Monday, 21 May 2012
America, Och Aye
To Whomsoever finds this blog post,
Even though I’d been to this strange, otherworldly place before, the land has a strange habit of surprising you. Just as you think you’ve accounted for the climate, the wildlife, the flora and the residents, something you simply didn’t expect can throw you for a loop. I’ve been here for a few days, a week, I can’t tell with these strange days where the sun is shining and nary a drop of rain nor a tuft of cloud to offer shelter from its well-meaning but often destructive gaze. For two or three days I had internet access, but even that has confounded me. I’ve kept myself sane by working and reading,* and keeping myself cool and hydrated. Considering I had once been hospitalised for dehydration back home in Scotland, this is something of a concern.
Still, I managed being torn away from the beloved internet. After all, I managed for most of my childhood: 8-year-old Aly wouldn’t see the problem, and probably marvel at the tiny notebook computer I’m using. Indeed, it’s given me a chance to appreciate where I am more, and the things the locals take as normal which utterly fascinate me.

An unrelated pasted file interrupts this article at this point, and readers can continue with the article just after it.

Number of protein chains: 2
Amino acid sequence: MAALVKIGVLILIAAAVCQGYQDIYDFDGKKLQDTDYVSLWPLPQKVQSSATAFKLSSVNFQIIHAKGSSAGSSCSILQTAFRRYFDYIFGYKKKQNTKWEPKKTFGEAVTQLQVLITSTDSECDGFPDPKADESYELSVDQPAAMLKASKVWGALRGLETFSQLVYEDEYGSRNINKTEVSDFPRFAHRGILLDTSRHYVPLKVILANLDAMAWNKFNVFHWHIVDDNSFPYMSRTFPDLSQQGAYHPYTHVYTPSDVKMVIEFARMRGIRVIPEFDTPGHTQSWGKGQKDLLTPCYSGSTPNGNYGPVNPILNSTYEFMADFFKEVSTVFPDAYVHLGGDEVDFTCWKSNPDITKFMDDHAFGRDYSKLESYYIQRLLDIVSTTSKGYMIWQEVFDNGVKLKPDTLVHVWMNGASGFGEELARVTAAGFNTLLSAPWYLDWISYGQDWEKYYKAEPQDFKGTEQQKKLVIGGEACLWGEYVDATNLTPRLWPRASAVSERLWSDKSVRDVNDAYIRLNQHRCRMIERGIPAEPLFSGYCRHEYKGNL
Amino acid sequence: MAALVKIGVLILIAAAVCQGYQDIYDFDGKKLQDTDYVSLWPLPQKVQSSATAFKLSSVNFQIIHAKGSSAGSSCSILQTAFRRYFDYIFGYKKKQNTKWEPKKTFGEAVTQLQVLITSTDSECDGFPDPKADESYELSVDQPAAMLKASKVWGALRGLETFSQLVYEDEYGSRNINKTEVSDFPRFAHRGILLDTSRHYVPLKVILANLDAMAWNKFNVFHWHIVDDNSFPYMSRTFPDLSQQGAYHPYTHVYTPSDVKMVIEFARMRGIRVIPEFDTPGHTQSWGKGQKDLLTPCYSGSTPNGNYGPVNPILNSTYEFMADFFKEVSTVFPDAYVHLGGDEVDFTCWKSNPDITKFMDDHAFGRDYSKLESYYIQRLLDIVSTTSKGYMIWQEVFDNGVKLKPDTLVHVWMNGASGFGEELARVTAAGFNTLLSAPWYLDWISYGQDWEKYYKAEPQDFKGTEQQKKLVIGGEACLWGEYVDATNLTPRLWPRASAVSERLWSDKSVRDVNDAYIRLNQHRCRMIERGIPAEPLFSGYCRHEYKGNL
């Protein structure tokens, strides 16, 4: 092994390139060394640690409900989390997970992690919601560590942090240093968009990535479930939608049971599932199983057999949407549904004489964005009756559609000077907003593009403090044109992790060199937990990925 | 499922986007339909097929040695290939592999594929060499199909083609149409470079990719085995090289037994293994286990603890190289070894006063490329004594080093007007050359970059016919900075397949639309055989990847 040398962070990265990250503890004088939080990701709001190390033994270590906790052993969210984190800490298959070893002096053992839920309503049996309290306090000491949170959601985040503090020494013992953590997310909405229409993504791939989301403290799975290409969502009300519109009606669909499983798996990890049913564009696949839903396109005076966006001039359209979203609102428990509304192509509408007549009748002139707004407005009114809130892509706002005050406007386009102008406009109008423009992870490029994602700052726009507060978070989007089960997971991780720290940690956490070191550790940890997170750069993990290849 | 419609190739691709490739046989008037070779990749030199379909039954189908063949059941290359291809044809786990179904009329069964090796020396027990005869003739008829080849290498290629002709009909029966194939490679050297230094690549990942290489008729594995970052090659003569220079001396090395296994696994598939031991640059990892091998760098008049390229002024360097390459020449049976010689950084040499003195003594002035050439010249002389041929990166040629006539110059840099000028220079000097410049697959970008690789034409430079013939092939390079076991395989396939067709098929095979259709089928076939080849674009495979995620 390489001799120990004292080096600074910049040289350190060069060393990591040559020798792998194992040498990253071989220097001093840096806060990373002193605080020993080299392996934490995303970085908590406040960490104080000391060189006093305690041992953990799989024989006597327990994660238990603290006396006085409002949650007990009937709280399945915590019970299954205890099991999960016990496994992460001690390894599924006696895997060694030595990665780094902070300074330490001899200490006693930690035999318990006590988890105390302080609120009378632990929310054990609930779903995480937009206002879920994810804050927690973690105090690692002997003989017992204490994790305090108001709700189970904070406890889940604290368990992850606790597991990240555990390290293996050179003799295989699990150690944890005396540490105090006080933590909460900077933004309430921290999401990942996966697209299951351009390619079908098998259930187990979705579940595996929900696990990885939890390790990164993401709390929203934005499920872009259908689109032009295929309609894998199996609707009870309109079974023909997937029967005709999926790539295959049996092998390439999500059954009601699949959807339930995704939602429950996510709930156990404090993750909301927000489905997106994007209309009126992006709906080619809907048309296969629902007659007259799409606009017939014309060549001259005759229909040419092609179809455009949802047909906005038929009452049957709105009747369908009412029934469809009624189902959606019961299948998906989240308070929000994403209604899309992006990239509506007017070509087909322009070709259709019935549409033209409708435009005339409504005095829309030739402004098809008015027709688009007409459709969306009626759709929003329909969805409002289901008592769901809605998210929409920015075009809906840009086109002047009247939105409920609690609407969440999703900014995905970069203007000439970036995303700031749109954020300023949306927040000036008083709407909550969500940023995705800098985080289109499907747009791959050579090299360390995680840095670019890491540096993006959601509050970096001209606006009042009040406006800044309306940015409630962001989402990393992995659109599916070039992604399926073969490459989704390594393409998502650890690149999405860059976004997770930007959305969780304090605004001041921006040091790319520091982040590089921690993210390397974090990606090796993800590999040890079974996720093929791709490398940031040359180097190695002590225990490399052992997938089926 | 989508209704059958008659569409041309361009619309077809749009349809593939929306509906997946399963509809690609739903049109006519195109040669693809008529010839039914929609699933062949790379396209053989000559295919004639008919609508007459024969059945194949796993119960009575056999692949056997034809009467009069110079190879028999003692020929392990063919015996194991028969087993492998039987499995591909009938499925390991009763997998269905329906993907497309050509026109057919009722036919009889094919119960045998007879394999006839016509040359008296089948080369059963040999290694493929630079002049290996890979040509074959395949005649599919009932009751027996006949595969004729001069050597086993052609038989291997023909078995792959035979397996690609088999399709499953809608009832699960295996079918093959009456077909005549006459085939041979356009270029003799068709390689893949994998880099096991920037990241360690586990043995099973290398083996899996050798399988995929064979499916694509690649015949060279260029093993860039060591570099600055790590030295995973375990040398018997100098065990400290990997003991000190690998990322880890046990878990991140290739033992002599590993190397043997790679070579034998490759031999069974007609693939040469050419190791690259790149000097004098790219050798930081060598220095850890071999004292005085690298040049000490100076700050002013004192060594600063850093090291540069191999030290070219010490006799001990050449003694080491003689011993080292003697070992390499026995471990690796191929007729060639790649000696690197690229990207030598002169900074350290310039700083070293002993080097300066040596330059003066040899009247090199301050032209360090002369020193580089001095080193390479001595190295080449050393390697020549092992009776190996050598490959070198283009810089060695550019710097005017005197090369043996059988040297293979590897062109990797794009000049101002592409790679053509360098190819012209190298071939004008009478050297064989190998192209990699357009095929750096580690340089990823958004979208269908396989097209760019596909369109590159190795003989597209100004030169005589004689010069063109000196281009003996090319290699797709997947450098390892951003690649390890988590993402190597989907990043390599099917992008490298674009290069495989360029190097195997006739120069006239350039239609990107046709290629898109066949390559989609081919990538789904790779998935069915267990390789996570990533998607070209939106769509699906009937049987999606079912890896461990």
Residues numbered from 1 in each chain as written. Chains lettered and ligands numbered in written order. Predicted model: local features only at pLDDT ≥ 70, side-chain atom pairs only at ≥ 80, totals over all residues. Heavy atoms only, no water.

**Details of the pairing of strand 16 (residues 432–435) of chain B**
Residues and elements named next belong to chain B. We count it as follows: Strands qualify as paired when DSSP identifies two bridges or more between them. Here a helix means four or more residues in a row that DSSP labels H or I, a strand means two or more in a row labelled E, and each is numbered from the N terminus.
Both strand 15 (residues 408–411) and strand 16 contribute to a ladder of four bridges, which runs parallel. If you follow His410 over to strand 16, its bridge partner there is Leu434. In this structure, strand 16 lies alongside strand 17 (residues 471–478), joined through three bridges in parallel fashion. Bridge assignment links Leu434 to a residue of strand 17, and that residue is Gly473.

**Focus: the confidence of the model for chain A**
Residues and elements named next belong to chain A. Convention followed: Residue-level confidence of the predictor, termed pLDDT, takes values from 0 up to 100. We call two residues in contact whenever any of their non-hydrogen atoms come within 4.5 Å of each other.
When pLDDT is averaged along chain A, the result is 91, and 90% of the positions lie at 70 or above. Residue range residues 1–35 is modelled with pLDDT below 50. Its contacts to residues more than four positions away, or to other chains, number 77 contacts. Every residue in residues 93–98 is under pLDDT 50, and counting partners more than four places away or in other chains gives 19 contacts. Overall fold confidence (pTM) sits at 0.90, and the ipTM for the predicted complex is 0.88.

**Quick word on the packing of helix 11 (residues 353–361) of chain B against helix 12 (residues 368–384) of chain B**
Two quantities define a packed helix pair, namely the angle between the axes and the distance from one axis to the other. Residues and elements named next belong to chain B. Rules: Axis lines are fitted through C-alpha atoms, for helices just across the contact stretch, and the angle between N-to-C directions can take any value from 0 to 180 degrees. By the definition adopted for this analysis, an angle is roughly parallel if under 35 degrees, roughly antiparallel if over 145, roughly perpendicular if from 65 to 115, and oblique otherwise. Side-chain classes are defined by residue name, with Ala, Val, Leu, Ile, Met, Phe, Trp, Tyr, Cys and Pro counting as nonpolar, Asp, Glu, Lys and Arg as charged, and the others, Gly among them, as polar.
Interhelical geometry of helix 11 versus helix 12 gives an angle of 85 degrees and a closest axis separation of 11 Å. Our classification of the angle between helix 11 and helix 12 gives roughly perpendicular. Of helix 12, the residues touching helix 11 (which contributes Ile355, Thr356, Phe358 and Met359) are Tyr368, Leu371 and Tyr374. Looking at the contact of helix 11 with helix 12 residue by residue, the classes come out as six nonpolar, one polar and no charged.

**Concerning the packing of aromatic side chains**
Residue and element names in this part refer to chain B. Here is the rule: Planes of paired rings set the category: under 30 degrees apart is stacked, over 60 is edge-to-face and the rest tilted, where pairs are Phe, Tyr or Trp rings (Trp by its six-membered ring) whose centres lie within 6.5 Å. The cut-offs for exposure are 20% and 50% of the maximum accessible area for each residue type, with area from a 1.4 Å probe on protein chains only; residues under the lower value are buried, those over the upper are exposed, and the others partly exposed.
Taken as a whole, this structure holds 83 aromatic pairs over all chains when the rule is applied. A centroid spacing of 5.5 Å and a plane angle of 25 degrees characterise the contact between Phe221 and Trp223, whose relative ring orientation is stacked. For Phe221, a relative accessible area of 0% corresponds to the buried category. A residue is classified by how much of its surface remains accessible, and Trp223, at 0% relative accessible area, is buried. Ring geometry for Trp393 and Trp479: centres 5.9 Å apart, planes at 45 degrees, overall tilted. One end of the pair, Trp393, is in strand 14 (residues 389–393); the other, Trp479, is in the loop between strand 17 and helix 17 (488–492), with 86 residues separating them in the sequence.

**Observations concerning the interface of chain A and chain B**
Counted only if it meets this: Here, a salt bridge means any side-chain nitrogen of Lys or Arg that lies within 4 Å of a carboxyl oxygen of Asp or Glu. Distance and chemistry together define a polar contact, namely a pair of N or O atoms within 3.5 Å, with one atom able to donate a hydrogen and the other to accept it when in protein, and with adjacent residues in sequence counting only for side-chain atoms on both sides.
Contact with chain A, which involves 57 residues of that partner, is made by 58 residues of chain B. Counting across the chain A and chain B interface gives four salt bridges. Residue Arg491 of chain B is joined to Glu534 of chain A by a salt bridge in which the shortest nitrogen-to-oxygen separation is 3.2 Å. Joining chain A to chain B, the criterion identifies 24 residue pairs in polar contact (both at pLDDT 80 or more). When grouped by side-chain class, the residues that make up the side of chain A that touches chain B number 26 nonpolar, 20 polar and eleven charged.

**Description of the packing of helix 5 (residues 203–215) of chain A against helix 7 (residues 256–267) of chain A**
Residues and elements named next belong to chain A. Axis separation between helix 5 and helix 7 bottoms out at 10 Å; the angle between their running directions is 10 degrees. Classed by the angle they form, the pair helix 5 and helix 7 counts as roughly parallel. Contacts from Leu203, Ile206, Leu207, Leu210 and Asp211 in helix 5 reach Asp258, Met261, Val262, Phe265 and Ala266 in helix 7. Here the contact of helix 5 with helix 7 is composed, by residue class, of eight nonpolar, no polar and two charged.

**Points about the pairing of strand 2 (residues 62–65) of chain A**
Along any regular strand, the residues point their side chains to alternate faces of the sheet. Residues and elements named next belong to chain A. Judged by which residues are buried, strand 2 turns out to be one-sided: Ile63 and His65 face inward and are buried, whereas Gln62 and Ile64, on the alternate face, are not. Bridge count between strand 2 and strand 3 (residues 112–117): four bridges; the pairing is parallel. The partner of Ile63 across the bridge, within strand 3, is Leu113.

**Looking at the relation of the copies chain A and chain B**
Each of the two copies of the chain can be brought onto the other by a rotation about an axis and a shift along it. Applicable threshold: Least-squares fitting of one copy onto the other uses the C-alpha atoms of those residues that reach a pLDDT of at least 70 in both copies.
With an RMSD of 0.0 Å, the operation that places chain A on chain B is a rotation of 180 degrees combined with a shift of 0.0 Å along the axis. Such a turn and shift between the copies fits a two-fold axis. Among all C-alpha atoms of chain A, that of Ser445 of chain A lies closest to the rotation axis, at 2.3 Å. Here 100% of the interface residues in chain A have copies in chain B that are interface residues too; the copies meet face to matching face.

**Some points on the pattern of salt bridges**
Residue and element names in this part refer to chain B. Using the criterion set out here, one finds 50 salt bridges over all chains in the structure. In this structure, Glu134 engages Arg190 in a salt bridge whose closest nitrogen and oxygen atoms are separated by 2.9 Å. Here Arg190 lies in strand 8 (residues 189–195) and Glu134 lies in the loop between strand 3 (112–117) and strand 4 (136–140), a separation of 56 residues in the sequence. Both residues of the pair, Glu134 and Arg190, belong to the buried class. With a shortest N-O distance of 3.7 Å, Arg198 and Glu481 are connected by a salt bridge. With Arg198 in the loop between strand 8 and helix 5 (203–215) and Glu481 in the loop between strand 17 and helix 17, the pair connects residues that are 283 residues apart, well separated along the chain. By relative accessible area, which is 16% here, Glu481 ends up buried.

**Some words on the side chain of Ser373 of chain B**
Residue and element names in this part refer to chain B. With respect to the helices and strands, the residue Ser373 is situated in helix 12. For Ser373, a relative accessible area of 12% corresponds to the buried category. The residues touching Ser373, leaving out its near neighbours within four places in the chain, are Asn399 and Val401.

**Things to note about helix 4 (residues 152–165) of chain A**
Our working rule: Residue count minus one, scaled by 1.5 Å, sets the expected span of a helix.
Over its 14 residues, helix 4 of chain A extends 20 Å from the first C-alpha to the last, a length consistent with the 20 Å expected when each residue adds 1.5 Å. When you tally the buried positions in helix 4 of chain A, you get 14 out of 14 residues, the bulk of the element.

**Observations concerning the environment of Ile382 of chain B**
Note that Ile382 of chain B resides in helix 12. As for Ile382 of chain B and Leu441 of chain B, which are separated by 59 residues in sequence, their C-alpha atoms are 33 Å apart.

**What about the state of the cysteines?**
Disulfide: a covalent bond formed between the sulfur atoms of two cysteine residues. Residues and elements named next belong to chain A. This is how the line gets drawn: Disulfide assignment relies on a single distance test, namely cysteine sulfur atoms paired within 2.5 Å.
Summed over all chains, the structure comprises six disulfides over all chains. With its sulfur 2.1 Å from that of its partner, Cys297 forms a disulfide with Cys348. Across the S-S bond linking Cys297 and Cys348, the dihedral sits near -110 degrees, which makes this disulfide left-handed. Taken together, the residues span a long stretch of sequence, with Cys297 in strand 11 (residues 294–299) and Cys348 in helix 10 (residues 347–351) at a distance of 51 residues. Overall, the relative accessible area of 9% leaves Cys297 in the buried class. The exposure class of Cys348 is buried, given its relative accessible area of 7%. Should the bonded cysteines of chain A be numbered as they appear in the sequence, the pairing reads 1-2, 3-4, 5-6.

Behold, the Gambel's Quail. Look at these wee things. Titchy birds with bobbing feathers nodding over their heads, troops of chicks marching after their parent. They don’t look real. They’re Pokemon. What is that feather for? I bet it’s used for hypnosis to confuse predators. Or perhaps they sweep with them: you know those small birds that groom elephants and clean crocodiles’ teeth? Like that, but they sweep the rabbits’ burrows, keep them neat and tidy. Or maybe I’m being a bit too imaginative. It’s probably something mundane like a courtship aid, or communication with other individuals, or to shoot magic missiles at coyotes.
And then we have the Desert Cottontail. As if rabbits weren’t already dangerously adorable, these beasties are smaller, have bigger ears and eyes, and gambol about like playful children. If Monty Python’s taught me anything, it’s that these are the deadliest creatures on the continent, and no doubt the real cause of its namesake's "noble mind in ruins."
I couldn't even hazard a guess as to what this beastie is (well, aside from the obvious fact it's some form of reptile). It's probably one of the critters described here, but I didn't get a close enough look to be sure. Not many reptiles in Scotland: just the adder, the common lizard and the slow worm. No snakes so far, which is just as well, but I'm still on the lookout for jittery arachnids. Still, I don't entirely trust that lizard, the way it's nonchalantly looking over its shoulder at the big hairy ape daring to take its picture. It's almost as if it knows... something. I'm starting to see what Howard saw in reptilians' unsettling gaze. "...They are possessed of a cold, utterly merciless cynicism and sophistication, and sense of super-ego that puts them outside the pale of warm-blooded creatures..."